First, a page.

Expat Tales: Saving strays

Last updated 05:00 20/07/2014
Cristy Baker

POOLED RESOURCES: Cristy Baker, centre top, relaxes at a friend's house in Phuket.

Cristy Baker
ANIMAL WELFARE: Baker, second from left, with good friends who work and volunteer at Soi Dog.

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Cristy Baker's love of animals took her to Phuket, Thailand.

What inspired your move, and how long have you been there?

My partner and I moved to Phuket, Thailand at the end of 2006. We loved Thailand and wanted a change of lifestyle with great weather, food, people and beaches. I pushed for the move as I wanted the adventure and wanted to get away from the 9-5 Monday to Friday rat race.

What do you do there?

I am the adoptions manager for the Soi Dog Foundation in Phuket, Thailand. The Soi Dog Foundation was started over 10 years ago to help combat the stray population in Phuket. Since then we have sterilised over 66,000 dogs and cats on Phuket and surrounding areas.

My role is to manage the adoptions programme from Phuket - at the moment, we are managing to get about 80 per cent of our dogs adopted overseas. They go to the UK, the EU, the USA and Canada. We do adopt to other countries but these are the main ones.

We have nearly 400 dogs at our shelter in Phuket and dozens of cats. We also help to rescue dogs which are destined for the dog meat trade, and take them to our refuge shelter about four hours' drive from Bangkok. Our Bangkok office helps to co-ordinate with all our overseas adoptions for there.

What are the greatest advantages to living there?

The lifestyle! Living in Asia definitely has its advantages in regards to cost of living, weather and all the other interesting expats you meet who also live abroad. I love Phuket for the beaches, great food and all the wonderful friends I have met since living here.

Disadvantages?

There aren't many, but if I had to say it would be missing some Western food.

How expensive is it compared to New Zealand? How much is a beer?

If you buy a beer from the local 7-Eleven it will start from about NZ$1.50. Wine however is much more expensive - the import tax that is added is quite high. Rent is very cheap living in Phuket. Going out and enjoying a meal or out for drinks is also very reasonable. One cost that is higher here is schooling - international school fees are more expensive.

What do you do in your spare time?

Before I started working fulltime I exercised every day, surfed when we had our surf season and organised fundraisers a few times a year for Soi Dog in Phuket as a volunteer. I also have two sons, so weekends consisted of play dates with other mums on the island.

What's the local delicacy and would you recommend eating it?

I haven't really eaten any local delicacies as I am a vegetarian and there is so much meat! But I do eat Thai food nearly every day. I love spicy food, and the strong flavours.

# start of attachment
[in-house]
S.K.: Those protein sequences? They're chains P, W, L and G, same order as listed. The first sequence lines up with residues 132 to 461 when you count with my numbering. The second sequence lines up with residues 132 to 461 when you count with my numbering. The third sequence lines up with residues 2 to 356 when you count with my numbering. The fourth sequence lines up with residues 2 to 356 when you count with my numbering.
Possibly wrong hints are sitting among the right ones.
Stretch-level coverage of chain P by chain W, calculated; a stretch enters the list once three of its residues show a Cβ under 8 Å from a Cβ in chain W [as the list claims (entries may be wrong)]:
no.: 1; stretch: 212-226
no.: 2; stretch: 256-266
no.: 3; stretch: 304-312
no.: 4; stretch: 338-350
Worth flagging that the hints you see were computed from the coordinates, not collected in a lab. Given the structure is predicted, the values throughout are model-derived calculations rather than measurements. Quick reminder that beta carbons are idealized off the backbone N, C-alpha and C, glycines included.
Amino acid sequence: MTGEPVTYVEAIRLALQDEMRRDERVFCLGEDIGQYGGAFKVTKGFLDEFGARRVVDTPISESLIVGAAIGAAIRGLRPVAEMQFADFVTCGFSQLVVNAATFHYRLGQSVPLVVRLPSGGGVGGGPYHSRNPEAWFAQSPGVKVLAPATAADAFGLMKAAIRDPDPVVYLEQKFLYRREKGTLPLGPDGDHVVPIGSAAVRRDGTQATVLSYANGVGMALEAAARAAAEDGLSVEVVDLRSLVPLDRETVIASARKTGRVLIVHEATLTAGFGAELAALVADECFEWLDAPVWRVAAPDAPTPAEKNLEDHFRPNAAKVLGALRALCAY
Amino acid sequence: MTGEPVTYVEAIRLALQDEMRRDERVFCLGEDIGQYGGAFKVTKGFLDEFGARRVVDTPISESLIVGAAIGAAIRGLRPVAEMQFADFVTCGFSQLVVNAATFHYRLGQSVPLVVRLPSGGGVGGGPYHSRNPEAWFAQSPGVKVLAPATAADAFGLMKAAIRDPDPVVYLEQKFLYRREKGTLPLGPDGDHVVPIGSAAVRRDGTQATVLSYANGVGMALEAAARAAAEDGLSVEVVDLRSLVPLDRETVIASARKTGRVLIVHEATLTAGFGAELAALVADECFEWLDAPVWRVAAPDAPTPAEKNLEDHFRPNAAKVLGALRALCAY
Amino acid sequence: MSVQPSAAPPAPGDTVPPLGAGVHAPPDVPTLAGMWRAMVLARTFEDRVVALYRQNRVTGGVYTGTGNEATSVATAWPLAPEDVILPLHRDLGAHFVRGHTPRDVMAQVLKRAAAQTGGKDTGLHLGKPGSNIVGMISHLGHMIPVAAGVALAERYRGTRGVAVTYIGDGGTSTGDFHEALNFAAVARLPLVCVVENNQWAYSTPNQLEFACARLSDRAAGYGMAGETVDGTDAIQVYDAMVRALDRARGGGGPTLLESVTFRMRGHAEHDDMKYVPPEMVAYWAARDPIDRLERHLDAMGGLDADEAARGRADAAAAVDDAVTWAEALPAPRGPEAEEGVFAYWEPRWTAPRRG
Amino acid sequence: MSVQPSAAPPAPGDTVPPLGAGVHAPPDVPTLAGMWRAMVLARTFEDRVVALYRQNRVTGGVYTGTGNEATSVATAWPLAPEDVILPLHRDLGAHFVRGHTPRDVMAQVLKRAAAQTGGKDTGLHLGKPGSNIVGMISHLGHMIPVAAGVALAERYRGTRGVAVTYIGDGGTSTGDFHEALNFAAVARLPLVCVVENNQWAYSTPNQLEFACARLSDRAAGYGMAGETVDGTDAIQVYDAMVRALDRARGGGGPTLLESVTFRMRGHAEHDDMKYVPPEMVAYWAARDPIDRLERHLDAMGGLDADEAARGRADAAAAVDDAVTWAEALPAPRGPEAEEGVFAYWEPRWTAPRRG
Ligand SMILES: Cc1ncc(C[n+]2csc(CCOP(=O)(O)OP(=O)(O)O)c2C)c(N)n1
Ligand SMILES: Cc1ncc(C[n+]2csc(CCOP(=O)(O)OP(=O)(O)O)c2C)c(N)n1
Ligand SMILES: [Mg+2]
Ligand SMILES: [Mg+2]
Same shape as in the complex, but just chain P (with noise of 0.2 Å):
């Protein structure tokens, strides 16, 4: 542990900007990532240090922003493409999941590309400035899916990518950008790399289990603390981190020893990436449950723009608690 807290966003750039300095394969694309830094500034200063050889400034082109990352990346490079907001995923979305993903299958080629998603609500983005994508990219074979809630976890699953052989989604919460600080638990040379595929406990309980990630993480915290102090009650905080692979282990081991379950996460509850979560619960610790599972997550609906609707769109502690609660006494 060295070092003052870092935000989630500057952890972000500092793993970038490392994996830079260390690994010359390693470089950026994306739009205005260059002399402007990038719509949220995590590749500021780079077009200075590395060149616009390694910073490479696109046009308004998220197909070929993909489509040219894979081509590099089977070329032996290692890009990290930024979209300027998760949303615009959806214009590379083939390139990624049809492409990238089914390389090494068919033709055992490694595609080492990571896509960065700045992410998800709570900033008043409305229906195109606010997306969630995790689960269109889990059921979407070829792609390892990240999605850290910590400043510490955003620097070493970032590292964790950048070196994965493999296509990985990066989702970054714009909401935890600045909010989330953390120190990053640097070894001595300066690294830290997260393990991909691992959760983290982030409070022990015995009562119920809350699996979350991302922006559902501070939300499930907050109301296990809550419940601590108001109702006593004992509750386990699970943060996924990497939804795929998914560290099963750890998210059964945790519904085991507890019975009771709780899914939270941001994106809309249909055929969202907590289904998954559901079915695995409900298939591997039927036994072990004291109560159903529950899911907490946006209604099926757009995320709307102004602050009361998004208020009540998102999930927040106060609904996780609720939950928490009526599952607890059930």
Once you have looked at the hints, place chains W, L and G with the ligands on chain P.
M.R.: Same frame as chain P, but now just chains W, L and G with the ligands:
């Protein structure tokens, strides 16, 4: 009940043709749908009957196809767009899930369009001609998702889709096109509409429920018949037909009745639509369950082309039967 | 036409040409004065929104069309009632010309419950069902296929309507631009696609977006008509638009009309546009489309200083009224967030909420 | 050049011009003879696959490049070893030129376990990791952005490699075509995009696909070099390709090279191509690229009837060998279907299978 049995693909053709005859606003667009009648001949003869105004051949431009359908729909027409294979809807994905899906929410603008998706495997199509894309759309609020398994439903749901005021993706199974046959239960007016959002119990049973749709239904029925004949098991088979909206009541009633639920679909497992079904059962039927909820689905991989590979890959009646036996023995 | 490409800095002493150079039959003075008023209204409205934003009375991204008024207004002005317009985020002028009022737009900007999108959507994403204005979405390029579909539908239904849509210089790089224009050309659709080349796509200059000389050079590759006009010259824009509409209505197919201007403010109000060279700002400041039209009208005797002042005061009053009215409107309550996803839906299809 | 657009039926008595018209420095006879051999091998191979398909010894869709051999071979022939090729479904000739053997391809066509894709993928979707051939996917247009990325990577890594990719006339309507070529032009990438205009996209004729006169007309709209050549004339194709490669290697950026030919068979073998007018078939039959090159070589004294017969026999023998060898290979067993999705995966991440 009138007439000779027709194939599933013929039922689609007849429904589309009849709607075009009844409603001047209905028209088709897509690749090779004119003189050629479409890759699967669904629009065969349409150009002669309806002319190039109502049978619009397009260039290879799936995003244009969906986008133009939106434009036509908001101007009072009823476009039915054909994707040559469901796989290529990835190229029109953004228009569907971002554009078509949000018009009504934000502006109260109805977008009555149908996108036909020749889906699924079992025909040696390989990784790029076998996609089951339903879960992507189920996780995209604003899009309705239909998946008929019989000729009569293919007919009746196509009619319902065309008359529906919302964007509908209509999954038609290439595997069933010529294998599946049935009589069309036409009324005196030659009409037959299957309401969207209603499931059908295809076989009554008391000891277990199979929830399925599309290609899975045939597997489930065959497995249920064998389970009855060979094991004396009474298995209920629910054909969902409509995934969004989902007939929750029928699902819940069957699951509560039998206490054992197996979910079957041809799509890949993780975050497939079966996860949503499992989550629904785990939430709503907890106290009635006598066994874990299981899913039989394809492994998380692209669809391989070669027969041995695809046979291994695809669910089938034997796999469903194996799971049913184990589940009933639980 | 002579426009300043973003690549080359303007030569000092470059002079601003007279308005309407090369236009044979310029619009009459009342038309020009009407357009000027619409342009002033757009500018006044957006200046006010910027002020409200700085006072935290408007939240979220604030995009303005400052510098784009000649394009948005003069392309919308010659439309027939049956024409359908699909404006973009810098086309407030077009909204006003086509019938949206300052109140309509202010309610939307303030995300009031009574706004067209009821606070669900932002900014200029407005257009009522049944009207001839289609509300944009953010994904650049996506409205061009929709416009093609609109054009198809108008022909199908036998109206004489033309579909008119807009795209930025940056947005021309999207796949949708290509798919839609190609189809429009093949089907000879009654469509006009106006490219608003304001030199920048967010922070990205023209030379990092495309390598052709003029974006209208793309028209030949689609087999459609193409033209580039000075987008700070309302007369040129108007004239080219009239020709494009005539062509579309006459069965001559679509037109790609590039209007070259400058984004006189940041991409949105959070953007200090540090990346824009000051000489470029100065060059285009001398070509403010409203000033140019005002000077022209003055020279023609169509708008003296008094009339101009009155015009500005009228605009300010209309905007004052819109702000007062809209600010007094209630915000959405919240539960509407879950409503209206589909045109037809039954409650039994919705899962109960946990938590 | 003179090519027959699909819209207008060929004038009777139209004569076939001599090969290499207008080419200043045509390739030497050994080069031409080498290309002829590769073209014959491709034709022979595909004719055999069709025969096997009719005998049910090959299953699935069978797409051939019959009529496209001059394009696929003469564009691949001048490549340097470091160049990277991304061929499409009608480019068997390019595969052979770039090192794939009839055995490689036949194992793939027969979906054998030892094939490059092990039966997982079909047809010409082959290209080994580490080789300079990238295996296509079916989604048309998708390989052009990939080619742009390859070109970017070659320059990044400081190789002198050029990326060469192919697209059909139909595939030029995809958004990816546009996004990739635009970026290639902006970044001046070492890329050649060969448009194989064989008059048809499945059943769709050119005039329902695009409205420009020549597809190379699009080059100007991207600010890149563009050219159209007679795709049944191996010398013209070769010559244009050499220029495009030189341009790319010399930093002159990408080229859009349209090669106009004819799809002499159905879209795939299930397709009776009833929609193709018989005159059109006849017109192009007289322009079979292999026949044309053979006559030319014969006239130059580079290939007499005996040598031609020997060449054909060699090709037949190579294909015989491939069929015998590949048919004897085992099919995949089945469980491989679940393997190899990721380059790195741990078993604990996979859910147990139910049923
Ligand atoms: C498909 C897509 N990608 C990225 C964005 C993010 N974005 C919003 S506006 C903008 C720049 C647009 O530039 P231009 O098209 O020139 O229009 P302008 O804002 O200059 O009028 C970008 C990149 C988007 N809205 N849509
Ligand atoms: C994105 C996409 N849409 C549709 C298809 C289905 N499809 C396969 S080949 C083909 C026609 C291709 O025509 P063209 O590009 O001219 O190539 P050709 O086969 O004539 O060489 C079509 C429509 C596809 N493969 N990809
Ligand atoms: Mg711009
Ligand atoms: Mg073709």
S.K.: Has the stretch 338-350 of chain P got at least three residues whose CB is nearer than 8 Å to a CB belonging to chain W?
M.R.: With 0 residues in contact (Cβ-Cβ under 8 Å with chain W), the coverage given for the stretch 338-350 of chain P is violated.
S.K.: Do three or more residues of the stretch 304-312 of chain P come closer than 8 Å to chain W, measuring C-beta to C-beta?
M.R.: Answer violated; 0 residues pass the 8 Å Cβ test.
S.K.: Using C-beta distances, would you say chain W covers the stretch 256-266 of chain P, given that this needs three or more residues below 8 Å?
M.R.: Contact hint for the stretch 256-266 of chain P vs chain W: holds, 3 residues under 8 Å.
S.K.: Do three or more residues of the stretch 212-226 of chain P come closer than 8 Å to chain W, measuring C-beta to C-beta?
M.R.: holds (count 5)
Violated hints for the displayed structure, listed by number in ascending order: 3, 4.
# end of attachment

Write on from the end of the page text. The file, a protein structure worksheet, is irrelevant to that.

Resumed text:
Easiest way to get around?

I drive. There are many taxis but the pricing is quite high and it is just easier if you have your own car.

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What's the shopping like?

It is getting better, and we now have a Mango and H&M in Phuket. For a serious shop most people will hop over to Singapore, which is only a 1 -hour flight away. Bangkok is also good, and cheaper than Singapore.

Best after-dark activity?

There are some great beach clubs in Phuket - one I recommend is called Catch. Otherwise, you can't beat a nice pot-luck dinner or house party.

Best time of year to visit?

From November to February is high season so this is when there are a lot of tourists here, and the beaches look the best. The water is very blue and if a sunny, beachside holiday is what you are after then this is the best time. In low season there's more rain, but a lot less tourists!

What are the top three things you recommend for visitors?

Day trip on a private speedboat to Phi Phi island with a company like Laguna Tours. Do not go on a big group tour as the experience is not the same. Surin beach - great food, sun and restaurants. A visit to the Soi Dog Foundation shelter to visit the dogs and cats!

Besides family and friends, what do you miss most about home?

Food and shopping. Especially good chocolate.

How easy is it for you to get back to NZ?

I have not been back to NZ for a long time. Most of my family moved to Australia when we were younger and that's where they still live today.

For Kiwis looking to move there, which industries are seeking fresh talent?

Tourism is probably the best bet. Or the boating industry. These are also the industries where you will earn the most.

If you know an expat who wants to share inside knowledge about their home away from home, email escape@star-times.co.nz with Expat in the subject line.

- Sunday Star Times

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